|This Appendix is provided as information to help you understand how the Commissioner's view has been reached. It does not form part of the binding public ruling.|
15. One of the basic conditions that must be satisfied to qualify for the small business CGT concessions is the maximum net asset value test in section 152-15. Under this test, the net value of the CGT assets of the taxpayer and certain related entities must not exceed $5 million just before the relevant CGT event.
- the liabilities of the entity that are related to the assets; and
- the following provisions made by the entity:
- provisions for annual leave
- provisions for long service leave
- provisions for unearned income, and
- provisions for tax liabilities (subsection 152-20(1)).
17. The term 'liabilities' is not defined for the purposes of the 'net value of the CGT assets' definition. Accordingly, it has its ordinary meaning reflecting the context in which it is used. The Macquarie Dictionary, revised 3rd edition, defines liability to mean: 'an obligation, especially for payment; debt or pecuniary obligation'.
18. In the context of subsection 152-20(1), 'liabilities' extend to legally enforceable debts due for payment and to presently existing obligations to pay either a sum certain or ascertainable sums. The term does not extend to contingent liabilities, future obligations or expectancies.
19. A 'contingent liability' is a liability which will become due only on the occurrence of an event that may or may not happen. An example is a possible obligation to pay damages in future if the judgment in a pending lawsuit is unfavourable.
- provisions for possible obligation to pay damages in a pending lawsuit;
- provisions for liabilities in respect of an earn-out contract;
- provisions for guarantee of a loan;
- provisions for long service and annual leave entitlements;
- provisions for income and other taxes prior to the liability arising;
- accounting liabilities arising as a result of receiving prepaid income;
- expenses that are not yet due; and
- provisions in general for such things as quantity rebates and the like.
(Note: provisions for annual leave, provisions for long service leave, provisions for unearned income and provisions for tax liabilities are not within the meaning of the term 'liabilities' but are separately taken into account in determining the net value of the CGT assets of an entity.)
Liabilities that are related to the assets
21. The 'liabilities of the entity that are related to the assets' in subsection 152-20(1) include liabilities directly related to particular assets that are themselves included in the calculation, for example, a loan to finance the purchase of business premises.
22. The 'liabilities of the entity that are related to the assets' also include liabilities that, although not directly related to one particular asset, are related to the assets of the entity more generally, for example, a bank overdraft or other short term financing facility that provides working capital for the operation of the business.
24. As noted in the Treasurer's Press Release No. 38 of 2006 (9 May 2006), the Board of Taxation's report on its Post-Implementation Review of the small business CGT concessions contains a number of administrative recommendations. This Taxation Determination is part of the Commissioner's response to Recommendation 6.1 of the Board's report.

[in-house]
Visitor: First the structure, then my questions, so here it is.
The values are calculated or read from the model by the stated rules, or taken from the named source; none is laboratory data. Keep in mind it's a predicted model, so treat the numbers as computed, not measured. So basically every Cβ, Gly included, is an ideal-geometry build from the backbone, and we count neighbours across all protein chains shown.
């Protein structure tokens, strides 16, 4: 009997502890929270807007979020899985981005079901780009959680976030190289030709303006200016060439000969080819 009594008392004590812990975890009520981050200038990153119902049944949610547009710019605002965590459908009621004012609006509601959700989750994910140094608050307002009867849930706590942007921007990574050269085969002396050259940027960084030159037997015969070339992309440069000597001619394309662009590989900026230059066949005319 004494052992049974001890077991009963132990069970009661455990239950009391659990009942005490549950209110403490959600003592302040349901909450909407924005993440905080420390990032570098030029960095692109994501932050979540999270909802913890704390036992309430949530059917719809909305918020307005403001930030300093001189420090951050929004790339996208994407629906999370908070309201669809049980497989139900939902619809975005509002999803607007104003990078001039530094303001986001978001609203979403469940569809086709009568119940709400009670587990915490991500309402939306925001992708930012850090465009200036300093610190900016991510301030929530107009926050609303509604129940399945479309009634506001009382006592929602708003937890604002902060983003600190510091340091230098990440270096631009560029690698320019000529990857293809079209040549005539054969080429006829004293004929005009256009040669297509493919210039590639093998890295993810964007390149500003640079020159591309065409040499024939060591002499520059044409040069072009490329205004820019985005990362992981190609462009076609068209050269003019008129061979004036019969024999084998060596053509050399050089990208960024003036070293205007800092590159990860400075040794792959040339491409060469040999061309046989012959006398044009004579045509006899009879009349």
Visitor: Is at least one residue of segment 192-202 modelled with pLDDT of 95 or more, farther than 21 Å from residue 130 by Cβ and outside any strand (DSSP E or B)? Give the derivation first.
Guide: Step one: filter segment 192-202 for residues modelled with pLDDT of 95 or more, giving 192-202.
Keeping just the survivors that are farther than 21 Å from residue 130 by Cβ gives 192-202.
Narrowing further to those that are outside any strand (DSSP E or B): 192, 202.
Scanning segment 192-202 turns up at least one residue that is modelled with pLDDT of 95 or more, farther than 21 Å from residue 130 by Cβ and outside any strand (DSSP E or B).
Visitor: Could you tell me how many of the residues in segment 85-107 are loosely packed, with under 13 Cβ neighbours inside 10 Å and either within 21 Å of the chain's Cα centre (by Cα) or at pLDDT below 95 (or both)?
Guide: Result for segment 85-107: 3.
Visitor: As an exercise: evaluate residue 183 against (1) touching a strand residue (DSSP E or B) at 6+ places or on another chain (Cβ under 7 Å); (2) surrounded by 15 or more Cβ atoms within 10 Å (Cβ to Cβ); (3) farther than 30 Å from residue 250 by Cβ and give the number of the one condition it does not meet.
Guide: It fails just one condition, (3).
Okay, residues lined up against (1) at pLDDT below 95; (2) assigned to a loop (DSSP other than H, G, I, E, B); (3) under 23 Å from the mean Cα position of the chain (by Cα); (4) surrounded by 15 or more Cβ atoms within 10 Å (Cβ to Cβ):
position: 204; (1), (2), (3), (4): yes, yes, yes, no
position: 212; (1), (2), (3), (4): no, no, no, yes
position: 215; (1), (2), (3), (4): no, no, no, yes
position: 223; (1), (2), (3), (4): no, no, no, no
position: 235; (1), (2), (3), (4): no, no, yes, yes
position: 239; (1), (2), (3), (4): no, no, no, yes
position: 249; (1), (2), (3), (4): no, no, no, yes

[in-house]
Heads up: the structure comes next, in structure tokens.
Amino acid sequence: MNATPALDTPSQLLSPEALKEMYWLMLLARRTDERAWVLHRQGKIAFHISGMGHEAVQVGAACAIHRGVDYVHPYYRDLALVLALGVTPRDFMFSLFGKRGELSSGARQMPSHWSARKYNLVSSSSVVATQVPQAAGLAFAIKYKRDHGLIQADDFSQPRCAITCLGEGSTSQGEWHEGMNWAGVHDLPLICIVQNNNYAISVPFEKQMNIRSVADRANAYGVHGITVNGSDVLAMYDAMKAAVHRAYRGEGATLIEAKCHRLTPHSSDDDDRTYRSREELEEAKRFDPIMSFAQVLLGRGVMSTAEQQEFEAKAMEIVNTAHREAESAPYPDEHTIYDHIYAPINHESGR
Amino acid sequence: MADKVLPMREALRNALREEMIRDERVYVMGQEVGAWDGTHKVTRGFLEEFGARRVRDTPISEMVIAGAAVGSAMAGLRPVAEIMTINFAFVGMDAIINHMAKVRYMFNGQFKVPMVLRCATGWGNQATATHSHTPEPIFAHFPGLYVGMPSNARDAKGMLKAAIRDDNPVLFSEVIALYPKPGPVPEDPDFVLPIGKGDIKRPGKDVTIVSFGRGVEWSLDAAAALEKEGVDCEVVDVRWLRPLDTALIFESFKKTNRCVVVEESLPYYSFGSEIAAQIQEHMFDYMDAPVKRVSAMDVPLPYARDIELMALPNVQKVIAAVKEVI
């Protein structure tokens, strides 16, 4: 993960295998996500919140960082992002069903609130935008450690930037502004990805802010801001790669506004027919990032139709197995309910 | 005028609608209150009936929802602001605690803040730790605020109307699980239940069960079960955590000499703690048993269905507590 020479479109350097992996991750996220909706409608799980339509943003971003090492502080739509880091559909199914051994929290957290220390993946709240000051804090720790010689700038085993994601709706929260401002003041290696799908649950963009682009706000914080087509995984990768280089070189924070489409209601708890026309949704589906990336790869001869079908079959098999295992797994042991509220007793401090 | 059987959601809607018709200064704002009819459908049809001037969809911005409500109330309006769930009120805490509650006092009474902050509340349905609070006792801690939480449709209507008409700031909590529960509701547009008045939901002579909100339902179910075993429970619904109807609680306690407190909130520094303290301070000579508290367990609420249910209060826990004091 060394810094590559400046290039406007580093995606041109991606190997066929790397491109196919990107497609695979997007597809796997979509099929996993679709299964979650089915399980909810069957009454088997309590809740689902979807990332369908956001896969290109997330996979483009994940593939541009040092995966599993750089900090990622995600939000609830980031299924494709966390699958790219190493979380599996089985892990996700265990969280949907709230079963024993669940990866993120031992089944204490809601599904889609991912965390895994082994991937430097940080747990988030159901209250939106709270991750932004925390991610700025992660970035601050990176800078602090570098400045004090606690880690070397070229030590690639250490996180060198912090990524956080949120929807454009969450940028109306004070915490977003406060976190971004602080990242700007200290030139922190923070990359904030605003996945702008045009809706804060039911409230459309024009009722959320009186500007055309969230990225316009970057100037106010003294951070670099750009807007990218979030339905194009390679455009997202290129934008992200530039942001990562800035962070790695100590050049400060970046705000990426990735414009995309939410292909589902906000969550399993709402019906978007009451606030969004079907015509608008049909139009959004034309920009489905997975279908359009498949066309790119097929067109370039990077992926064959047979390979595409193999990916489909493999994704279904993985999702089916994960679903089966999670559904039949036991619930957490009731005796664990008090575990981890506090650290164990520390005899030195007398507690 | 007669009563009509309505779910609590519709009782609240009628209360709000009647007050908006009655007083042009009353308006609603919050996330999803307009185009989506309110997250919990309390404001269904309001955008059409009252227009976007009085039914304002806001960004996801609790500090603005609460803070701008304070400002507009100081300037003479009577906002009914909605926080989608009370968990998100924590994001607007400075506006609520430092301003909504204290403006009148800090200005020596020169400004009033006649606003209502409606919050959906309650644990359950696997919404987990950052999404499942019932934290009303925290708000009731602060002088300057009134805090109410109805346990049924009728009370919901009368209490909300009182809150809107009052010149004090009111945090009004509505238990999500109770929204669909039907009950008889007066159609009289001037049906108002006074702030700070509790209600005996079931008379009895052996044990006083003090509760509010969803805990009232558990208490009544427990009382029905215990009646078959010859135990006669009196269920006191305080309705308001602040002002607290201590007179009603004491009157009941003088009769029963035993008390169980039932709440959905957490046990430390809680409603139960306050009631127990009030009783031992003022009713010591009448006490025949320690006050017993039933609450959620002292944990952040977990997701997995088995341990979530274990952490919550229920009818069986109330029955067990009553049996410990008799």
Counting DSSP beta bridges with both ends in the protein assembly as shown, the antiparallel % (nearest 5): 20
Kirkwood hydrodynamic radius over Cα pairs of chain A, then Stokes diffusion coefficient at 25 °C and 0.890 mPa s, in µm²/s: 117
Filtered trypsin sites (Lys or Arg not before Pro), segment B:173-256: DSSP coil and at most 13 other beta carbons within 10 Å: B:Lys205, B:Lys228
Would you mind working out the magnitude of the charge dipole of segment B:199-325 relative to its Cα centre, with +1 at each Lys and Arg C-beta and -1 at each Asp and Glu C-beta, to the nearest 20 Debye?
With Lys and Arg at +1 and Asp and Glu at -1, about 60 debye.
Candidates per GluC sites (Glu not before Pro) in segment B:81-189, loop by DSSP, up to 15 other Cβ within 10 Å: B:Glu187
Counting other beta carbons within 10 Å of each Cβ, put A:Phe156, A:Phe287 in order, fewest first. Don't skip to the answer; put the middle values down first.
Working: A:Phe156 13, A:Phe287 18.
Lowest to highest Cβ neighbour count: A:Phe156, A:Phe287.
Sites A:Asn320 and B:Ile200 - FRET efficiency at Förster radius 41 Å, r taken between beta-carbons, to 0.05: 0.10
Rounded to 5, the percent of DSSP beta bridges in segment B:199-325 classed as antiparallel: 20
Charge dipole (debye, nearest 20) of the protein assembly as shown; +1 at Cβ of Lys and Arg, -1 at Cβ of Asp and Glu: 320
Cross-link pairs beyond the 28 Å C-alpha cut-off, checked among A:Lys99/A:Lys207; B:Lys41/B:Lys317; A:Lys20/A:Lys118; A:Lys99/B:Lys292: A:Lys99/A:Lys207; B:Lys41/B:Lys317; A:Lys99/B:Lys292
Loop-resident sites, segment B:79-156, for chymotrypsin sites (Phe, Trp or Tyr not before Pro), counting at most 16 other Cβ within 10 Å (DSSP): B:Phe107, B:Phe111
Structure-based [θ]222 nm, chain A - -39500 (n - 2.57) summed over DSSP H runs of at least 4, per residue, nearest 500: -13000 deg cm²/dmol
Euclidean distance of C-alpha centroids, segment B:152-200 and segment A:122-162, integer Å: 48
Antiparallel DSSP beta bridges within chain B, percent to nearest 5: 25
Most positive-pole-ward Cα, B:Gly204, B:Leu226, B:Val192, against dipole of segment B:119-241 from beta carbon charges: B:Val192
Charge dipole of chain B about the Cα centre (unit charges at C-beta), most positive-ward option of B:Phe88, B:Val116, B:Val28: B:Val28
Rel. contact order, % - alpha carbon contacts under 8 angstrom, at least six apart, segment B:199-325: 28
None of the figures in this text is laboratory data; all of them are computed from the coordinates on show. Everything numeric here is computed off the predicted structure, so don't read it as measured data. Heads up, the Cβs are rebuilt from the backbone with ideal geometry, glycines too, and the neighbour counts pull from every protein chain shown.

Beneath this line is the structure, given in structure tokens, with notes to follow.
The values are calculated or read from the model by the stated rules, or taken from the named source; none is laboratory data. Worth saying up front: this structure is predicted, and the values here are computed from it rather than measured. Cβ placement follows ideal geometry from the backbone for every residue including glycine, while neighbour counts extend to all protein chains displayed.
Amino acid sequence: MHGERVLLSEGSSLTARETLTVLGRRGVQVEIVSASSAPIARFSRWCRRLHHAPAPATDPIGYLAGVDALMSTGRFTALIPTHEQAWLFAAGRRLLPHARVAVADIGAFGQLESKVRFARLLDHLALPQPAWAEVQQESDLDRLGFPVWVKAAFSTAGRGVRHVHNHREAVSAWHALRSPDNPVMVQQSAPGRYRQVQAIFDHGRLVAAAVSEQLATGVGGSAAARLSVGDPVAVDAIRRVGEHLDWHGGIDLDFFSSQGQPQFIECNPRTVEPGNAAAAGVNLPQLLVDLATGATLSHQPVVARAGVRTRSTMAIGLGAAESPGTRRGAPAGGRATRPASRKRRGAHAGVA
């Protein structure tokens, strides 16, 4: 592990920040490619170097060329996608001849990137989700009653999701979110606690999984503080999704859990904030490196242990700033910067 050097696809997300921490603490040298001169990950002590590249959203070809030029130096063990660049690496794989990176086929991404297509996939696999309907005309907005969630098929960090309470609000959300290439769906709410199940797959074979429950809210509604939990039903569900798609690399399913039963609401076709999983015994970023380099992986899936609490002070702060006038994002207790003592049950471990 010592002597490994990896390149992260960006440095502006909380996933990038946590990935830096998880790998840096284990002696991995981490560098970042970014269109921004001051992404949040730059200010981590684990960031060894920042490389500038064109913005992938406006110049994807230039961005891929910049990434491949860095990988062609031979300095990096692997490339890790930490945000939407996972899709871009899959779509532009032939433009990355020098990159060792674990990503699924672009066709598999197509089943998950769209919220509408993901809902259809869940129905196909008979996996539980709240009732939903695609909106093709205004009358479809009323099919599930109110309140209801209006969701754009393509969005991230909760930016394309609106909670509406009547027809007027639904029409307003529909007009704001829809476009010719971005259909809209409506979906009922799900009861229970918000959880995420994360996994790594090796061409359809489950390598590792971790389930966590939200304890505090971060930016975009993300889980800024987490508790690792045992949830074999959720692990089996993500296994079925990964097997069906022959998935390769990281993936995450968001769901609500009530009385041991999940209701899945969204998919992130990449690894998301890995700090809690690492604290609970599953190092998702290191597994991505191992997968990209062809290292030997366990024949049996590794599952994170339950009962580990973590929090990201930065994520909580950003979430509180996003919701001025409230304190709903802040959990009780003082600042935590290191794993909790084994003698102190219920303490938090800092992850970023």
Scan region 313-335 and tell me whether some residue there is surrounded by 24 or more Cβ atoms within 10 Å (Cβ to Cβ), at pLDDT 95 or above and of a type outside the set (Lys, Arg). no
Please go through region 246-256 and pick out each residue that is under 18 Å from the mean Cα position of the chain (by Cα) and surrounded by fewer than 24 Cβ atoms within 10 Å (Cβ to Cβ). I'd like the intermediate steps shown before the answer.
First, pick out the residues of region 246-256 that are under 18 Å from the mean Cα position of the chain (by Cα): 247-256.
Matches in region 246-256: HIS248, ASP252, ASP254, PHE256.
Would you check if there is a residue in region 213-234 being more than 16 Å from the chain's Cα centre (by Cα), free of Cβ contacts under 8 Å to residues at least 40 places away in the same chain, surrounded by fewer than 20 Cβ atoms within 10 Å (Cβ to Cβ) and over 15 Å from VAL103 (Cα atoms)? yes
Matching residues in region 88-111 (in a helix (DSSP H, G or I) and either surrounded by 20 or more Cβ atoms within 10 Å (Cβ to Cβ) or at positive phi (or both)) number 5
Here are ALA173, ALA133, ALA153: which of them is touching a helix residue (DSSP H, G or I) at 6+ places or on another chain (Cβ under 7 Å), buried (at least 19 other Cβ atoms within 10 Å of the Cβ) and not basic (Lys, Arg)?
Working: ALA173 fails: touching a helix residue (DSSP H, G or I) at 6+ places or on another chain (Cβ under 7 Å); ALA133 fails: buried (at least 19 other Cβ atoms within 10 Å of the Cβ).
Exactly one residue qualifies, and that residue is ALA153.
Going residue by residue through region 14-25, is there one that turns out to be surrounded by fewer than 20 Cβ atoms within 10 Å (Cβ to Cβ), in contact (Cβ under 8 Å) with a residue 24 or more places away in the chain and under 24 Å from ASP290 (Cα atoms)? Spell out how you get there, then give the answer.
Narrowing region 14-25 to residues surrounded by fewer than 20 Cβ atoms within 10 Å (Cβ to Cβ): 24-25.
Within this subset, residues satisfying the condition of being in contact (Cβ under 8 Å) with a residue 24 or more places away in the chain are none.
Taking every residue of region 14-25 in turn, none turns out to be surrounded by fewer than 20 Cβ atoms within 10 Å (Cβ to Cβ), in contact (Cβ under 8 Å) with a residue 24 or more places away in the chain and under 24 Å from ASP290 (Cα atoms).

25. The Board's report also contains a number of legislative recommendations. Taxation Laws Amendment (2006 Measures No. 7) Act 2007, which received Royal Assent on 12 April 2007, gives effect to the Board's legislative recommendations accepted by Government. The changes apply to CGT events happening in the 2006-07 income year or later income years. There are two changes relevant to this Determination:
- amended subsection 152-20(1) allows the possibility of a negative net value of the CGT assets of any entity to be calculated; and
- new paragraph 152-20(1)(b) allows provisions for annual leave, provisions for long service leave, provisions for unearned income and provisions for tax liabilities to be taken into account in determining the net value of the CGT assets of an entity but does not affect the meaning of the term 'liabilities' as discussed in this Determination.
Appendix 2 - Alternative views
|This Appendix sets out alternative views and explains why they are not supported by the Commissioner. It does not form part of the binding public ruling.|
Alternative view: accounting meaning of 'liabilities'
27. The Commissioner considers the term 'liabilities' should not have its accounting meaning in the context of subsection 152-20(1) as, unlike the thin capitalisation provisions in Division 820, for example, where the term has its accounting meaning (see Taxation Ruling TR 2002/20), there are insufficient contextual factors for that interpretation.
All legislative references are to the Income Tax Assessment Act 1997 unless otherwise indicated.
basic conditions for relief
capital gains tax
CGT small business relief
maximum net asset value test
The Macquarie Dictionary, 2001, rev. 3rd edn, The Macquarie Library Pty Ltd, NSW
Treasurer's Press Release No. 38 of 2006